“After silence that which comes nearest to expressing the inexpressible is music.” You’ve seen the quote on Pinterest and Tumblr, so why not dig a little deeper into Aldous Huxley’s ideas about the transcendent capabilities of music?
“An easel stood just inside the big glass doorway when I entered the store. On it leaned my author photo, the one from the back cover of Domestic Violets, and it was fucking enormous. It was the size of a photo you’d expect to see if Bono had been appearing at Barnes & Noble, Bill Clinton maybe, or perhaps the Reverend Desmund Tutu. For a full 30 seconds I stood there and looked at the gigantic, painstakingly airbrushed picture of myself. An elderly couple walked in and did a double take when they saw a stunned-looking me looking at me. ‘It’s too big,’ I told them.” This is what you do when no one shows up to your reading.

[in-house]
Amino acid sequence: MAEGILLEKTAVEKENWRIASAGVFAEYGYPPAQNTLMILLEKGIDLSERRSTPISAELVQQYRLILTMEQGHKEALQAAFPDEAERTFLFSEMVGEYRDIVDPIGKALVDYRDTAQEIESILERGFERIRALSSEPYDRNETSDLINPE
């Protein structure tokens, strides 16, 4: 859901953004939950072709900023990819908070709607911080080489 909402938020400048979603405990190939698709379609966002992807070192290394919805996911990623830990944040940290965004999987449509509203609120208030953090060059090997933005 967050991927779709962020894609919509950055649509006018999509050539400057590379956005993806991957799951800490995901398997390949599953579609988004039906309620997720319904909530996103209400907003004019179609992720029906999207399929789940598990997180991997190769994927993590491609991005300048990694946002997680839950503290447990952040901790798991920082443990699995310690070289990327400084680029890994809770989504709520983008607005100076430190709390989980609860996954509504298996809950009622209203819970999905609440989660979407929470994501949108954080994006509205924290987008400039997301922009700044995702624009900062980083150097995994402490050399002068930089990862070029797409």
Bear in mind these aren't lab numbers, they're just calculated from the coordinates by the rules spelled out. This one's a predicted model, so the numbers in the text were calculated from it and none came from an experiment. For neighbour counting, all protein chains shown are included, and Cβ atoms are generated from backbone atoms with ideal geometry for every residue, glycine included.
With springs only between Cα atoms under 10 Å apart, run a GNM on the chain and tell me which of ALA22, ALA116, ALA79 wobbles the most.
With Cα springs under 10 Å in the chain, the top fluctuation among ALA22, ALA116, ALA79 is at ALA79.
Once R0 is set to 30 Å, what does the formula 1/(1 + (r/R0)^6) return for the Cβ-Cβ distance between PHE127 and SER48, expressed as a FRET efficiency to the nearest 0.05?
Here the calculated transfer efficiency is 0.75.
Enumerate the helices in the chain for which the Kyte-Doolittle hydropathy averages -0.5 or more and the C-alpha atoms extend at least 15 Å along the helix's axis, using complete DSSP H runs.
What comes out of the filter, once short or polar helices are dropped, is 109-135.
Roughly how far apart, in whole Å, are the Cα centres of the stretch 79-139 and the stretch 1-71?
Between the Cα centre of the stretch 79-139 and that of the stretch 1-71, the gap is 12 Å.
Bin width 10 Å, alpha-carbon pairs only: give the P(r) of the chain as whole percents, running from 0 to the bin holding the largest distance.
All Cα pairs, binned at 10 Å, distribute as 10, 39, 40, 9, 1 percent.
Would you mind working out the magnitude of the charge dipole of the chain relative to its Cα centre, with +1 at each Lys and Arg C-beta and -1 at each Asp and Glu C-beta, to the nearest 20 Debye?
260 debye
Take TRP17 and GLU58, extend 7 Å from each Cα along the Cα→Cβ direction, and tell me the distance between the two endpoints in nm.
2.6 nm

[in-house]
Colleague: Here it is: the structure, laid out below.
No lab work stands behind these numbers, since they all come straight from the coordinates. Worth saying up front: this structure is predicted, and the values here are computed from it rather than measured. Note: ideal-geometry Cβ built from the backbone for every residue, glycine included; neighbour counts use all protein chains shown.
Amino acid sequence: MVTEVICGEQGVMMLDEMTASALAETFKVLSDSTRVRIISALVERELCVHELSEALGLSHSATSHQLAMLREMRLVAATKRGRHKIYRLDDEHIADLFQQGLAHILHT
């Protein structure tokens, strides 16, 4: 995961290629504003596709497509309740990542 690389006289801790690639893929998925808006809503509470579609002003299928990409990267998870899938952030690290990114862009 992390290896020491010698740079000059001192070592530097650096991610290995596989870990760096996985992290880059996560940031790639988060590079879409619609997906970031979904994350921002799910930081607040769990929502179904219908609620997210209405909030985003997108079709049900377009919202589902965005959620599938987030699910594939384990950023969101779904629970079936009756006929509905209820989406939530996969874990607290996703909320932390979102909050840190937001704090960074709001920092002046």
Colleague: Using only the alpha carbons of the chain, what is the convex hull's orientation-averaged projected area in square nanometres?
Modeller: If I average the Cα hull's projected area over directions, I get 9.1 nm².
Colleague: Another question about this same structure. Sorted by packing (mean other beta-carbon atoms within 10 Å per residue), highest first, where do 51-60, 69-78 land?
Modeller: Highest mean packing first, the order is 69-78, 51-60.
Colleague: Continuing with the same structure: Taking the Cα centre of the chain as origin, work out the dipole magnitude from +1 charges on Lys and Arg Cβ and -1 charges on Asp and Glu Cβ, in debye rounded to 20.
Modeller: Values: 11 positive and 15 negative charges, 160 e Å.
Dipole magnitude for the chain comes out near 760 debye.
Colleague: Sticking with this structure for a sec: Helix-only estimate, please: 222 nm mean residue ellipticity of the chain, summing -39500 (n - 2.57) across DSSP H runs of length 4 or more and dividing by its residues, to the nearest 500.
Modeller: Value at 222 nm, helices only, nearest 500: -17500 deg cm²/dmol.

Recommended reading: The Chronicle of Higher Education reports on the new modesty of literary criticism and the complicated relationship between texts, critics, and politics. For more on the balance between art and politics, look no further than Jonathan Clarke‘s Millions essay, “Alive with Disagreement and Dissent.”
Two off-site appearances in as many months from our otherwise relatively reclusive editor, C. Max Magee? And both times invoking the theme of lost adolescence? Something’s afoot! Last month, Max dropped by The Morning News‘ booth for the Tournament of Books’ zombie round, and now he’s joining a star-studded cast at The Awl to answer the question, “What Books Make You Cringe To Remember?”